But in a close contest, a little jump in vote share can make significant change in the final outcome.
And that seems to be the big worry in 2019 for Naveenbabu.
Apparently, in several Assembly seats, the BJD is said to be locked in close contests.
In this election, the BJP launched its fiercest campaign yet in Odisha, clearing its own confusion whether to attack Patnaik in case his support would be needed in a post-poll scenario.
But closer to polls, the state BJP campaign, led by Union minister Dharmendra Pradhan, went all out to attack.
The BJD clearly sensed the danger signal and Naveenbabu undertook extensive bus tours across the state on campaign trail.
Patnaik, too, didn’t spare Modi, and said the latter didn’t deserve a second term. Towards the end of the campaign, both sides appeared desperate.
Two instances revealed that desperation.
To quell rumours about his health condition, the CM’s office released a rather awkward video of Patnaik’s fitness regimen, reinforcing he’s in fine fettle, and the BJP going on to announce rice, dal and salt for Re 1 as a match-up to BJD’s populist scheme.
On the BJD’s part, its initial campaign theme, which started on a confidant note — “21 ru 21 shankha” (21 out of 21 conch, the BJD symbol) and the party would play a key role at the Centre — had made way for taking on the BJP, asking the Central leadership “where were you” when Odisha was hit by cyclones Hudhud and Titli.
Patnaik did not stop at that and took potshots at his one-time confidant Kendrapda MP Baijayant Panda, who had crossed over to the BJP just before the elections.
He also addressed people in broken Odia to prove to his opponents that he knew how to speak the native language.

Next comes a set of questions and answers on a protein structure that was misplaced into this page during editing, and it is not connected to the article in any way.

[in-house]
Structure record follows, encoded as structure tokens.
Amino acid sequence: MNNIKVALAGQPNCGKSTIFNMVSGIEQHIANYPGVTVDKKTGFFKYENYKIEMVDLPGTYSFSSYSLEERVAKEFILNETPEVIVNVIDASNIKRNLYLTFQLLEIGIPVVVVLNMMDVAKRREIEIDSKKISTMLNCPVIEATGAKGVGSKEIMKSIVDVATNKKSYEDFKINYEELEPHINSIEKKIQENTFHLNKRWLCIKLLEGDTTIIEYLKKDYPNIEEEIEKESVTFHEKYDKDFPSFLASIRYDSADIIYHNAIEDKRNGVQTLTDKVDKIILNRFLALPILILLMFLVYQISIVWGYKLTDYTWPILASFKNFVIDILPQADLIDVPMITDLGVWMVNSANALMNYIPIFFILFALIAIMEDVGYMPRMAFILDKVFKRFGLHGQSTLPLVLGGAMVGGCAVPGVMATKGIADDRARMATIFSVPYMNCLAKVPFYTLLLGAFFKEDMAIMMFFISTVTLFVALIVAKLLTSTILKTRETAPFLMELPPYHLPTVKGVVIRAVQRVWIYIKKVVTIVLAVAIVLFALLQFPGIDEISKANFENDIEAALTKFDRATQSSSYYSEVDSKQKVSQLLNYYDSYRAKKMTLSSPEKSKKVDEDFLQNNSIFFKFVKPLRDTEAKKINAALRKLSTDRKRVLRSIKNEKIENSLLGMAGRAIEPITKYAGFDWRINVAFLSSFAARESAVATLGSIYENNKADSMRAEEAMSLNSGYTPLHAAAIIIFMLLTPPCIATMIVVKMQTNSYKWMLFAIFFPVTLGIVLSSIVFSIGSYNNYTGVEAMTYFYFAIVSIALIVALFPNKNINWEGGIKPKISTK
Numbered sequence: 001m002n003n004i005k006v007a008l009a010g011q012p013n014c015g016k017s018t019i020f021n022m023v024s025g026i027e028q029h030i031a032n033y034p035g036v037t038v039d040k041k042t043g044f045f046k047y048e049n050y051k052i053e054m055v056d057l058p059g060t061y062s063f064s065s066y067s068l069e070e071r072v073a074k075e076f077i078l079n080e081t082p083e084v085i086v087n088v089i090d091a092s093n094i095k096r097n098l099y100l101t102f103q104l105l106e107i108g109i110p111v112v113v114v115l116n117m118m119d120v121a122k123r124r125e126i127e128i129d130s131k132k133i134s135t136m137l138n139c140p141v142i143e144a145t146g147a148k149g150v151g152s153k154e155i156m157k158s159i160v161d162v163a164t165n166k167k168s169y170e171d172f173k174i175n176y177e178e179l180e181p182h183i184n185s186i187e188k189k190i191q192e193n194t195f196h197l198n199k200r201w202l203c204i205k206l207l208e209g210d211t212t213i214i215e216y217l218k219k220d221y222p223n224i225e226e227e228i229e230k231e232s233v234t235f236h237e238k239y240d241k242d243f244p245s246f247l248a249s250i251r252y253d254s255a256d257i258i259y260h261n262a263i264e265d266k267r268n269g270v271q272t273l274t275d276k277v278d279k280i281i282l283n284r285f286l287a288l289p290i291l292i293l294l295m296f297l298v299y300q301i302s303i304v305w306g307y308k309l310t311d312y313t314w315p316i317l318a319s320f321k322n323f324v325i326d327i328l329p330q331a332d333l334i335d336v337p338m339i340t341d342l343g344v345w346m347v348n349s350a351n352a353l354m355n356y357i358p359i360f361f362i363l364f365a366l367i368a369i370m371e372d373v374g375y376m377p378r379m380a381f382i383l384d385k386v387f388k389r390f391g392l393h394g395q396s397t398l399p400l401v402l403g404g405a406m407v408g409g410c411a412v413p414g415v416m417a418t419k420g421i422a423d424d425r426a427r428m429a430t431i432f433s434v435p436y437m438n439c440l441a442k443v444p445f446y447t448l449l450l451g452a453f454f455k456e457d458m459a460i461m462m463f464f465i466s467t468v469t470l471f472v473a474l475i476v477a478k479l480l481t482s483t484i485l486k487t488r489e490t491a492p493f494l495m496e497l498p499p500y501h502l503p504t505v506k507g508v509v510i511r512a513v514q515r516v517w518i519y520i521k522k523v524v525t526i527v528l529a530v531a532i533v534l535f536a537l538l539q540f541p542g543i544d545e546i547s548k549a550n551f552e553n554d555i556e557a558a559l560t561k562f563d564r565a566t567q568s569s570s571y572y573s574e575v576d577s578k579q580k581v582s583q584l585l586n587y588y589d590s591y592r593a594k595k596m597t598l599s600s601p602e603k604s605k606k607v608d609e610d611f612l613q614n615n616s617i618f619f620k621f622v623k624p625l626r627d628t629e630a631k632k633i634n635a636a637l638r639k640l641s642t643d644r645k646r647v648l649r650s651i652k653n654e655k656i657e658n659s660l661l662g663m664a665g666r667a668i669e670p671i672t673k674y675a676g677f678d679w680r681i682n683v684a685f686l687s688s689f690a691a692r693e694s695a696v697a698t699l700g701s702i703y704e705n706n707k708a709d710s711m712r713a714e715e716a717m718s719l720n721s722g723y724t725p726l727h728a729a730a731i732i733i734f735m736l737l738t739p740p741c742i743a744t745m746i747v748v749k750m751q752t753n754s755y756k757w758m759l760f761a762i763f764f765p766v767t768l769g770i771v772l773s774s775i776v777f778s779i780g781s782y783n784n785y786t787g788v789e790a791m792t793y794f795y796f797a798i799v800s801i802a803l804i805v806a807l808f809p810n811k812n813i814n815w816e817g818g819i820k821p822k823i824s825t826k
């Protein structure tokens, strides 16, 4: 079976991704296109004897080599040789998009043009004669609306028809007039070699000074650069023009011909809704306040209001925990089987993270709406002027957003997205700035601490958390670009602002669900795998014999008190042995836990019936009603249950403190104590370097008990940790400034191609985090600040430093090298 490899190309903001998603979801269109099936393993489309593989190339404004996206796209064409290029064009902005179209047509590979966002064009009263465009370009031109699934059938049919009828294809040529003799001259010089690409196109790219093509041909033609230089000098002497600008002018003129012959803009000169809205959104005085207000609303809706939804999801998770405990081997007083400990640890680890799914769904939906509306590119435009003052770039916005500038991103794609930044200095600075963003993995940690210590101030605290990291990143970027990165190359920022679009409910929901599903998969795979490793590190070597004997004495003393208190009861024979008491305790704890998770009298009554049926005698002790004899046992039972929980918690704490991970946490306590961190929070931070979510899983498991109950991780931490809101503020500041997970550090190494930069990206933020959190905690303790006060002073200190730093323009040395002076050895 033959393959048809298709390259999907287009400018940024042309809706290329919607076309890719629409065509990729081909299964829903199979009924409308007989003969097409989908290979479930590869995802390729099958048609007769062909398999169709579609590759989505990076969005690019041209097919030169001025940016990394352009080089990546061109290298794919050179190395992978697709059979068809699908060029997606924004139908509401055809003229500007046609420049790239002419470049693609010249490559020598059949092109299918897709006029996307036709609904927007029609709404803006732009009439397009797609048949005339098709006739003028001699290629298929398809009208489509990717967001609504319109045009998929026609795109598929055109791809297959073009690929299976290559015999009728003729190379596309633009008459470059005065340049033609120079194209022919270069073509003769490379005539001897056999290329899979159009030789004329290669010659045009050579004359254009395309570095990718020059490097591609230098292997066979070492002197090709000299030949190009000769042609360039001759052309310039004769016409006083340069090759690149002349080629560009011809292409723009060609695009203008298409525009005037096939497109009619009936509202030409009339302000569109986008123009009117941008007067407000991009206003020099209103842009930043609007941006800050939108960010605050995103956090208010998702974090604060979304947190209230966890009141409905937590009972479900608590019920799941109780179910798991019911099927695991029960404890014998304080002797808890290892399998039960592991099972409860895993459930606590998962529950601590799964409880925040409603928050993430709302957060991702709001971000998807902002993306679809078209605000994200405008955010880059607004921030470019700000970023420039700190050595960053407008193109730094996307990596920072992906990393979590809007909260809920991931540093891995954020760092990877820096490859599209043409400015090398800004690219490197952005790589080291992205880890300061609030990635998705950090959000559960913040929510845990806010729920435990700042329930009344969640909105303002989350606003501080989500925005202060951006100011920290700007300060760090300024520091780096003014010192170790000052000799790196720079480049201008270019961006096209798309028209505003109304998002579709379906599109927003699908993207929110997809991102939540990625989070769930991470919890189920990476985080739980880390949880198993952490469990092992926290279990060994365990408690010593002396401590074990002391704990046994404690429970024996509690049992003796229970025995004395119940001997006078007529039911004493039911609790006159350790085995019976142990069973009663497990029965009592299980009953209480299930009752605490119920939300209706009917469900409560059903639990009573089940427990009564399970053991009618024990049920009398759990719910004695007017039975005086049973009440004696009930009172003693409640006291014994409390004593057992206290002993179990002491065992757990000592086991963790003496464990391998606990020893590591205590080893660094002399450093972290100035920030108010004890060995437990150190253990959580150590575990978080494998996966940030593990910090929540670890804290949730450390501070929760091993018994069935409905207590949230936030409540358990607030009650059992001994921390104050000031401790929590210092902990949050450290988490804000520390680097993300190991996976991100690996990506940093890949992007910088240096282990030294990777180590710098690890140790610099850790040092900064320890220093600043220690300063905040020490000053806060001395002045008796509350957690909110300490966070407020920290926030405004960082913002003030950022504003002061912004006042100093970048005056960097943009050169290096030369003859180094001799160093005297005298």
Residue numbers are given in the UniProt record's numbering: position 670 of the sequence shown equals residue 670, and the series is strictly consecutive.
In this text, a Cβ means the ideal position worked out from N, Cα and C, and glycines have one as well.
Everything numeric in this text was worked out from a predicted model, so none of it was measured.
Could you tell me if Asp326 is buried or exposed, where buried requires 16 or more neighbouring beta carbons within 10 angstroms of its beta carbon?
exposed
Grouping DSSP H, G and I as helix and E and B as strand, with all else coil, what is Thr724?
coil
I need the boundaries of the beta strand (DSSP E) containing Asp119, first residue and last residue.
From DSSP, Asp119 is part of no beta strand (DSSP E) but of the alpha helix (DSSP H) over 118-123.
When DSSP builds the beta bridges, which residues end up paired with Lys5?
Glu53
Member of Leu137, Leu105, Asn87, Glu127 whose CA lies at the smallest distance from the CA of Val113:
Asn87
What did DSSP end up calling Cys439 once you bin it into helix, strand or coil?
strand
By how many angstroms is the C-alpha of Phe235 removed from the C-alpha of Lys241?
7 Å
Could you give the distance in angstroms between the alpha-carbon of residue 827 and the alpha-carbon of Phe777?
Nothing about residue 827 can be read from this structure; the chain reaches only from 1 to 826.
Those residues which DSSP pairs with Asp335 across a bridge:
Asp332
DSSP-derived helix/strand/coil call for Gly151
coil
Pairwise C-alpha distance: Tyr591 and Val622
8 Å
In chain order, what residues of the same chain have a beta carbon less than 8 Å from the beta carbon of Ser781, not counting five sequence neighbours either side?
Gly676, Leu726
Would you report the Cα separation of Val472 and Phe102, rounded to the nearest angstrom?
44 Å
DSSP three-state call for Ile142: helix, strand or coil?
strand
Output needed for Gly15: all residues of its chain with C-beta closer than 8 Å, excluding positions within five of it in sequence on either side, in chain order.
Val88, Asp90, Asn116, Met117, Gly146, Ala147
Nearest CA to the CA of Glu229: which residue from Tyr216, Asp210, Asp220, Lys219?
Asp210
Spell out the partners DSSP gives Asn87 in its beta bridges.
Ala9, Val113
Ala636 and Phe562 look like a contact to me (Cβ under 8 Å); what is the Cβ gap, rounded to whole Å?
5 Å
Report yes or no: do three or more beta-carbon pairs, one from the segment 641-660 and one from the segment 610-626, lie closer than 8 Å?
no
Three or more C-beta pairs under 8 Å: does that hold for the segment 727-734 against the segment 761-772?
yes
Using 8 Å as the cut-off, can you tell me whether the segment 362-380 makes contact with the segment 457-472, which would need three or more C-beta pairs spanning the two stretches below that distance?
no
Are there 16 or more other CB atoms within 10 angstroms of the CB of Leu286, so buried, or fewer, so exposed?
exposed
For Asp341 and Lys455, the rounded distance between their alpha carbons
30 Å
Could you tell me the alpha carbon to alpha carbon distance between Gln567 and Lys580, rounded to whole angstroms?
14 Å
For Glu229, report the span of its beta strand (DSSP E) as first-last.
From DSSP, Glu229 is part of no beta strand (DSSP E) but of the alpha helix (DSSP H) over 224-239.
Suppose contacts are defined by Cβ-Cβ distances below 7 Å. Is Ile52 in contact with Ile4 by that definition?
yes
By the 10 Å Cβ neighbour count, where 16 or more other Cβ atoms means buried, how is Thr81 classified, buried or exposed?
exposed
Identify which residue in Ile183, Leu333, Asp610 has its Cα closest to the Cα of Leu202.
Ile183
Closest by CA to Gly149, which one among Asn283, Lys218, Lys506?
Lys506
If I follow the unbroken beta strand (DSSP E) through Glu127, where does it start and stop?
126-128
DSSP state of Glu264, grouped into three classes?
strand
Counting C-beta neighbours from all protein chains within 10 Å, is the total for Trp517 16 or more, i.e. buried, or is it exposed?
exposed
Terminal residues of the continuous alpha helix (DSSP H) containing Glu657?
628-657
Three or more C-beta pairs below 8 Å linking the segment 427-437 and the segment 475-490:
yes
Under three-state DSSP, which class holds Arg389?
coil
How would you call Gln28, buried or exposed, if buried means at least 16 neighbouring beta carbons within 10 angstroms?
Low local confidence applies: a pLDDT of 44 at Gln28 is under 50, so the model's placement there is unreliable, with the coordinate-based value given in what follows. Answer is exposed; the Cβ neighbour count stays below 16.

Inarguably, Patnaik is the most popular leader in the state and there is no such anger against him as incumbents face.
So, what changed in three months’ time leading up to the simultaneous elections when Patnaik still looked invincible?
One BJD MP says it is anti-incumbency and not as much the BJP fightback.
Also, apparently, Patnaik’s masterstroke, the Kalia welfare scheme for farmers, has caused a lot of heartburn among people who didn’t receive the first instalment.
The BJD started blaming the BJP for stalling the payments. The BJP has surely done well in cashing in on these loopholes.
Some key BJD leaders who didn’t get party tickets quickly switched over to the opposition camp.
Modi’s ever-rising popularity and his fabled decisive leadership has definitely caught up the imagination of urban voters, and thanks to WhatsApp, PM’s speeches are instantly available for rural folks to take note of.
No matter what the outcome, Odisha elections have never been this tantalisingly close and the poll battle so intense.
Former BJD MP Tathagata Satpathy compares Odisha’s voting pattern this time to what had happened in 1977, indicating it could be an anti-establishment vote.
“There was complete voter silence after the polling and no way one could figure out what would be the outcome.”
Also not clear if the Congress vote that has shifted to BJP in great measure.
Will 2019 Odisha Lok Sabha results be similar to 2009, or has the ‘Modi-wave’ swept the state?
Has the BJP done a Tripura by breaching one of its last frontiers?
If it’s a Right turn, then it’s nothing short of a tectonic shift in Odisha’s political landscape.
And a victory for the BJD would mean Patnaik remains the Kalinga samrat at least till 2024.
For a clear picture, one has to wait till the last vote is counted in Odisha on May 23.